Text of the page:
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Among the paintings that inspired such praise was an eerie moonlit scene titled Apache Scouts Listening. Between diagonal bands of cast shadows and receding trees, several Indian scouts crouch, listening to a sound outside the picture plane. At the center, a trooper, his hand to his ear, strains to hear the same unidentified sound. An entry in Remington’s ledger suggests that he composed the painting while recalling a particular threat: those who attempted to pass undetected through Indian territory feared camp dogs above all else, for their barking gave away the intruder’s position and resulted in certain death. Nowhere in his painting, however, does Remington offer a clue regarding the nature of the sound that has caused the alarm. Again, his beautifully crafted painting poses questions but offers no answers.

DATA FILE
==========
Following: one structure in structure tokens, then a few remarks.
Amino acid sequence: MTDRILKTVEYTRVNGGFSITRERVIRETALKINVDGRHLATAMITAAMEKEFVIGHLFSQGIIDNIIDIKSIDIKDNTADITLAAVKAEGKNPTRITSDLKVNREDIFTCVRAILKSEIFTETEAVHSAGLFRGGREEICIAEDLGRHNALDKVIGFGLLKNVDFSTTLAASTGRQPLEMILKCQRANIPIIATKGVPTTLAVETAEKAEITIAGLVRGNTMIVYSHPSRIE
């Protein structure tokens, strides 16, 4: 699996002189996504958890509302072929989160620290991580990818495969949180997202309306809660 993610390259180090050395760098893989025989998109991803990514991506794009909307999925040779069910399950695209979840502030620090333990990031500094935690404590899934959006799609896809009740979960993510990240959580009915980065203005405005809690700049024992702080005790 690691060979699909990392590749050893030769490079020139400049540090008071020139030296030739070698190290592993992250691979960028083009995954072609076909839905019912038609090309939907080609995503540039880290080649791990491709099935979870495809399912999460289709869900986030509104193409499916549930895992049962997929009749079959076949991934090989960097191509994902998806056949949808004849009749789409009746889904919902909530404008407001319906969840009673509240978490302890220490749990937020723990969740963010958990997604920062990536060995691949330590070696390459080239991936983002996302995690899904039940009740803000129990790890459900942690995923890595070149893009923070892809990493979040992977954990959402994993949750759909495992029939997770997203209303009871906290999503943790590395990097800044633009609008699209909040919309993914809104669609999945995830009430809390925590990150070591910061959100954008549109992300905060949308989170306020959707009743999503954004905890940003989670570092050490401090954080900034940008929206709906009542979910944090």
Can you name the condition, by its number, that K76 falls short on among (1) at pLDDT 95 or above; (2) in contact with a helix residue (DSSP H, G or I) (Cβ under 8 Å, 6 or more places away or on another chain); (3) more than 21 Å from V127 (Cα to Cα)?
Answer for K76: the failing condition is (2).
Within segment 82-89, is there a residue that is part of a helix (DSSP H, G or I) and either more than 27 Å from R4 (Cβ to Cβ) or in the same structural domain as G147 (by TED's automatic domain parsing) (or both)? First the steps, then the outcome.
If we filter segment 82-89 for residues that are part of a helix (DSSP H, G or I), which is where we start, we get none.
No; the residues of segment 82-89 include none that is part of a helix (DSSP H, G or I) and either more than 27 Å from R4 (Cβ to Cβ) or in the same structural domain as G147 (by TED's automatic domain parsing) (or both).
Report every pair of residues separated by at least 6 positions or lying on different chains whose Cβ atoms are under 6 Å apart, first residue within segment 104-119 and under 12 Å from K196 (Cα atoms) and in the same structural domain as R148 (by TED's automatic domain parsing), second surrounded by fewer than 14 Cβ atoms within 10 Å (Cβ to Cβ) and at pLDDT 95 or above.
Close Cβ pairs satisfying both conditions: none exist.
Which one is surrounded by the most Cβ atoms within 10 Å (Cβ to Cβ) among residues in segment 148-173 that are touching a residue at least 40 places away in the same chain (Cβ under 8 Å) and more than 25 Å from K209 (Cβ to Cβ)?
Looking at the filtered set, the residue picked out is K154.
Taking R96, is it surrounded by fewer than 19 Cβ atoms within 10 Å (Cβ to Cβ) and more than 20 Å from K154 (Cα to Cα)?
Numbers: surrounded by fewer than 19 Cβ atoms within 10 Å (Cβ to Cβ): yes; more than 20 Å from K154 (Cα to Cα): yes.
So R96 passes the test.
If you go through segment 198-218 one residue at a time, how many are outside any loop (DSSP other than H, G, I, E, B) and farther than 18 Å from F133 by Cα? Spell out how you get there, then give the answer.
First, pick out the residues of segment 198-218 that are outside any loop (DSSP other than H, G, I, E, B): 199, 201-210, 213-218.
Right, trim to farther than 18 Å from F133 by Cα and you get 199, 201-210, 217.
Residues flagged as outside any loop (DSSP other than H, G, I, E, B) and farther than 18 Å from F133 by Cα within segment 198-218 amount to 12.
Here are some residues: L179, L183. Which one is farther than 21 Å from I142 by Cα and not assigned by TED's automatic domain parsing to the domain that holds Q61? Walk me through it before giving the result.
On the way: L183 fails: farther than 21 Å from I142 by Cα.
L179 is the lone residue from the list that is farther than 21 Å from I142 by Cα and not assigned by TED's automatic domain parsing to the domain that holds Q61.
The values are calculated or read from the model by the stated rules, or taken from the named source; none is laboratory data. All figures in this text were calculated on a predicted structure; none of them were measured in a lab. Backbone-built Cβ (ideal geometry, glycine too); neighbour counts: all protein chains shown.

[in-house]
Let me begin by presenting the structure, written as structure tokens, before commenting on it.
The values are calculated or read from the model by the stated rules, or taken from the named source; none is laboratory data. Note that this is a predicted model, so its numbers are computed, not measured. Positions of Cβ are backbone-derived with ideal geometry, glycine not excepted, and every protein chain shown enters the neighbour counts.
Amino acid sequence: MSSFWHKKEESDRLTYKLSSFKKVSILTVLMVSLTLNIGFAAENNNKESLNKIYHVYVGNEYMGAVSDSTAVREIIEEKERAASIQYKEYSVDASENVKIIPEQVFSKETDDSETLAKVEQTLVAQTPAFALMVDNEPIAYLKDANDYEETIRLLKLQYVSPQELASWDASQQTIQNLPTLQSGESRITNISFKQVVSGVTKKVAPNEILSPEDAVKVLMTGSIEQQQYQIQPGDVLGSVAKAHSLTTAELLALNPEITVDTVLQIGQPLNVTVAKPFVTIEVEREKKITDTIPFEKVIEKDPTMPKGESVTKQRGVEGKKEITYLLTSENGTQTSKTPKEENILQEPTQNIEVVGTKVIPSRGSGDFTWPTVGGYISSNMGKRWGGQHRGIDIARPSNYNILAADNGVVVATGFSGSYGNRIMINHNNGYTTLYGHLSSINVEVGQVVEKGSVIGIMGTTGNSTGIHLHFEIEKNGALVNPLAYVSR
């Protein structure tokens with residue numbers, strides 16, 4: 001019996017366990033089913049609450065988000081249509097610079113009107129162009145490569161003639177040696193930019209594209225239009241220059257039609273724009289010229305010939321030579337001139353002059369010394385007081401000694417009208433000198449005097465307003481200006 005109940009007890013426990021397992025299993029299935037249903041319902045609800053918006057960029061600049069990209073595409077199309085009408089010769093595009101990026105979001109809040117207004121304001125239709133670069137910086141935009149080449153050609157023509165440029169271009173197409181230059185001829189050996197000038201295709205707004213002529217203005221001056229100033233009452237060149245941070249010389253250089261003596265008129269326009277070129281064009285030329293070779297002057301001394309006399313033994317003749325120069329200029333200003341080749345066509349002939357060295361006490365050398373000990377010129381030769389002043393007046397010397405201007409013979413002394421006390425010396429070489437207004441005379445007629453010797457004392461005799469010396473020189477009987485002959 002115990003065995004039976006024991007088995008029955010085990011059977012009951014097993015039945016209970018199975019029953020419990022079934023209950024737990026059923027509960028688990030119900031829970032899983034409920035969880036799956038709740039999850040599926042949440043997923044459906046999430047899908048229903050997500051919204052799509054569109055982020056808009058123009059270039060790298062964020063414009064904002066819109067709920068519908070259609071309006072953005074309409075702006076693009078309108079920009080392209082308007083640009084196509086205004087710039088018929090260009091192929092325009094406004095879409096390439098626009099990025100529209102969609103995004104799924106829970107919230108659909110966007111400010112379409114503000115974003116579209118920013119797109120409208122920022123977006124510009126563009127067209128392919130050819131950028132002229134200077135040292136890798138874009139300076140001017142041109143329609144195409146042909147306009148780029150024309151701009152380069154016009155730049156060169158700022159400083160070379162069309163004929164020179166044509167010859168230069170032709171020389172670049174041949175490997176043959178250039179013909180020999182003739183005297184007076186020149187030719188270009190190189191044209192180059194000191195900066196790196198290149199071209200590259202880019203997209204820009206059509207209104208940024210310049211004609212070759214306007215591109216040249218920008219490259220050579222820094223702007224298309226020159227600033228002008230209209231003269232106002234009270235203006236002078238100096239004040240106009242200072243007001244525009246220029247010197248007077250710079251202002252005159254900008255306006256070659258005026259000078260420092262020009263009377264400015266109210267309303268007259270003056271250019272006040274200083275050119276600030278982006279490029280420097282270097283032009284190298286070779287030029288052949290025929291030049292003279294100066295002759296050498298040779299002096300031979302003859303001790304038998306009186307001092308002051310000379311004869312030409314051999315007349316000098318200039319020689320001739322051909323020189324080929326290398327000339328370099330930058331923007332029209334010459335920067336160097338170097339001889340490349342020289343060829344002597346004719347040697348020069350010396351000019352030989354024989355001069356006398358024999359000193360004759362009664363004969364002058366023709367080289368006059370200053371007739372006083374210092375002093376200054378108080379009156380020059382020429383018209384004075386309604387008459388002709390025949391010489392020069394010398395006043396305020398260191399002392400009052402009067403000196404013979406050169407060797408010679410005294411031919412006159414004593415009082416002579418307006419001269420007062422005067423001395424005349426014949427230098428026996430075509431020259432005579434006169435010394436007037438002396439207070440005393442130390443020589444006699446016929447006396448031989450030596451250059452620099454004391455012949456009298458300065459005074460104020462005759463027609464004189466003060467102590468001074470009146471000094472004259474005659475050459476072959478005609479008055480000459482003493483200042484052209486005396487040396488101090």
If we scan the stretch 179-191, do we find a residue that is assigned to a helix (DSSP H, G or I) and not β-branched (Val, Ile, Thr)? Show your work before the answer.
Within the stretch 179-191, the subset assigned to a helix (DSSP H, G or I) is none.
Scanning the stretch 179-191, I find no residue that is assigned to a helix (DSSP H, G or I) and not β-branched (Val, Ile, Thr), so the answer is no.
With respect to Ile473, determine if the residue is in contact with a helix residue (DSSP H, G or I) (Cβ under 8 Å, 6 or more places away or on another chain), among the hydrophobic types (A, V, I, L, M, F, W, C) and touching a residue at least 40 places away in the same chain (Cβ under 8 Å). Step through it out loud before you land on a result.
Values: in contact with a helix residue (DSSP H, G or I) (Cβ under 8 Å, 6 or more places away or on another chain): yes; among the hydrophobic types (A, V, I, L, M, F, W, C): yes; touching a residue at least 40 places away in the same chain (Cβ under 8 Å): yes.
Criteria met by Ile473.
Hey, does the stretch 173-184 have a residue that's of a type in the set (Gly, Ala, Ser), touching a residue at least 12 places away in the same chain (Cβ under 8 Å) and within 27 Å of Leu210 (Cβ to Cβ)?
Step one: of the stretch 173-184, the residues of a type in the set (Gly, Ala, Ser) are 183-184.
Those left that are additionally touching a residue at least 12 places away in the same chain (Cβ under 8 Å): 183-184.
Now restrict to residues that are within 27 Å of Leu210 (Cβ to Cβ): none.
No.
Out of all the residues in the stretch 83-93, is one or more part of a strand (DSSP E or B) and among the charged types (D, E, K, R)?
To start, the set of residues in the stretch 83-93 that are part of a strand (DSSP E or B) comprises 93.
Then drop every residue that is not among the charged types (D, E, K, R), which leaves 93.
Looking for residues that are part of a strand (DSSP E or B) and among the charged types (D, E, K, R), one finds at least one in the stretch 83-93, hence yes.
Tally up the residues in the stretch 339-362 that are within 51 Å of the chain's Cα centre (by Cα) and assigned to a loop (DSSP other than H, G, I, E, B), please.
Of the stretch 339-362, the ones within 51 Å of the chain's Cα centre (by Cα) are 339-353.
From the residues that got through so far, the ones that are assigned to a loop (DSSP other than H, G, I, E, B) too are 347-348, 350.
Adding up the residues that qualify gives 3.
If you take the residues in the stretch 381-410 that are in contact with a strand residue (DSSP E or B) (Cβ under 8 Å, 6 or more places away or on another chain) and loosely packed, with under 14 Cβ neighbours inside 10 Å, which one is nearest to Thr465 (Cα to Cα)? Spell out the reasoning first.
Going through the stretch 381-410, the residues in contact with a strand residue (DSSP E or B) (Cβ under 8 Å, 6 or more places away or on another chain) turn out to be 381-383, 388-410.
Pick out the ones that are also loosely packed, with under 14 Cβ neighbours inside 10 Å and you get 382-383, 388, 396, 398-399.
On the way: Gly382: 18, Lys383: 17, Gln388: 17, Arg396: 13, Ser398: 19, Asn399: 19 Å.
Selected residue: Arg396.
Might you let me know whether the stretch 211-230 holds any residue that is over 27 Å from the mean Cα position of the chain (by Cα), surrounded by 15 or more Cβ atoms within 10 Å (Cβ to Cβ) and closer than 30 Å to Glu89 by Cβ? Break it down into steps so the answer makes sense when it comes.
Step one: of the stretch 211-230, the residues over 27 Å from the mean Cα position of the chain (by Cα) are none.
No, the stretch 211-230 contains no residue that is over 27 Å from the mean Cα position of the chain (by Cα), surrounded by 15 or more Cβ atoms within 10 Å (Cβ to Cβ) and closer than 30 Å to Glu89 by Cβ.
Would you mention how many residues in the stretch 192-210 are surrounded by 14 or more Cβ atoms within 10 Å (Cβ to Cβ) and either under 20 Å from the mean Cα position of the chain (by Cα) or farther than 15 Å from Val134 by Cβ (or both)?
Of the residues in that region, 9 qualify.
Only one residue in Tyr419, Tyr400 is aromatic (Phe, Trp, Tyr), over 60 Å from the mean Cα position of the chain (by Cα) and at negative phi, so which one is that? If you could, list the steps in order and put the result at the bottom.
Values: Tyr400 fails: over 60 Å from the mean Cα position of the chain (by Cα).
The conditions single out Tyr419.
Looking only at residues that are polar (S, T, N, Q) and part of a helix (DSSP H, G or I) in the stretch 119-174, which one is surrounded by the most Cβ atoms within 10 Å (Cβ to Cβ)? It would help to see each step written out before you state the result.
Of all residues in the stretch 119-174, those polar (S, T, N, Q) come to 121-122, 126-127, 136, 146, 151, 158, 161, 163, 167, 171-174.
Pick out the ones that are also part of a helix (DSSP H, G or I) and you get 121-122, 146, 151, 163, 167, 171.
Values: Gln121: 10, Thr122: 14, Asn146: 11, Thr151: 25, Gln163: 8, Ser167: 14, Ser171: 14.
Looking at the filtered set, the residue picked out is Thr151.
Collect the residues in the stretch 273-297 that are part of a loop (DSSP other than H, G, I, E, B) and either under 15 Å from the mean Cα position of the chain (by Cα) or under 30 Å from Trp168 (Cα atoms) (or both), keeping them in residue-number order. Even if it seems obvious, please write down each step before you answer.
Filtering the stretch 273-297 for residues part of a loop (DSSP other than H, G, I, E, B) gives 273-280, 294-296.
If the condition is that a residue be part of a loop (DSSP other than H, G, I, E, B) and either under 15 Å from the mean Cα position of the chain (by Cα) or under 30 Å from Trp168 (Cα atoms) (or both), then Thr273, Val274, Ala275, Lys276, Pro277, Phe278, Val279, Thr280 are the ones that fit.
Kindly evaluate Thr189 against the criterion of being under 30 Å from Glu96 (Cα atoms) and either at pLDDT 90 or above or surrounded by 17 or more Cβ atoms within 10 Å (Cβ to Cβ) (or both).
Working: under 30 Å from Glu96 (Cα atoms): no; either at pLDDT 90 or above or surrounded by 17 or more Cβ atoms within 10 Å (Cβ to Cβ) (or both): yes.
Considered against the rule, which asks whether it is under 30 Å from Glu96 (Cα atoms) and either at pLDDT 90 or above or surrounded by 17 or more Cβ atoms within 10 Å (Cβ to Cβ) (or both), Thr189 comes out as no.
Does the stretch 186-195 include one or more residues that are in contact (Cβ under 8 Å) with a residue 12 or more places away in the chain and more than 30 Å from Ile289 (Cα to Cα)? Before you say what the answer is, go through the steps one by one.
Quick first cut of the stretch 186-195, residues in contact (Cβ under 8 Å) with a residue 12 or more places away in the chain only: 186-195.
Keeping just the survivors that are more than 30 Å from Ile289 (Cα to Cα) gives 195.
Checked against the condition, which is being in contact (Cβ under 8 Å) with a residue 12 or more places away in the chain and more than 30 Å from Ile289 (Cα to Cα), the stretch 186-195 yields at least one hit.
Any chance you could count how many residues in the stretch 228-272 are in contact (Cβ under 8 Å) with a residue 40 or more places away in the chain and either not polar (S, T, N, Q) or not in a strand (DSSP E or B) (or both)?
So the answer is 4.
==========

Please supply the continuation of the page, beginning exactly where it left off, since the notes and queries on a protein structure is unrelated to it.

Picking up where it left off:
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Similar questions are raised (but not answered) in another work exhibited in the 1908 exhibition at Knoedler’s. In The Call for Help wolves stalk three terrified horses cowering against the rails of a fence. Light in a distant window suggests the nearby cabin is occupied. Will someone intervene? Will the violence about to erupt in the corral be averted? Remington’s composition offers no resolution, only a frozen moment of panic.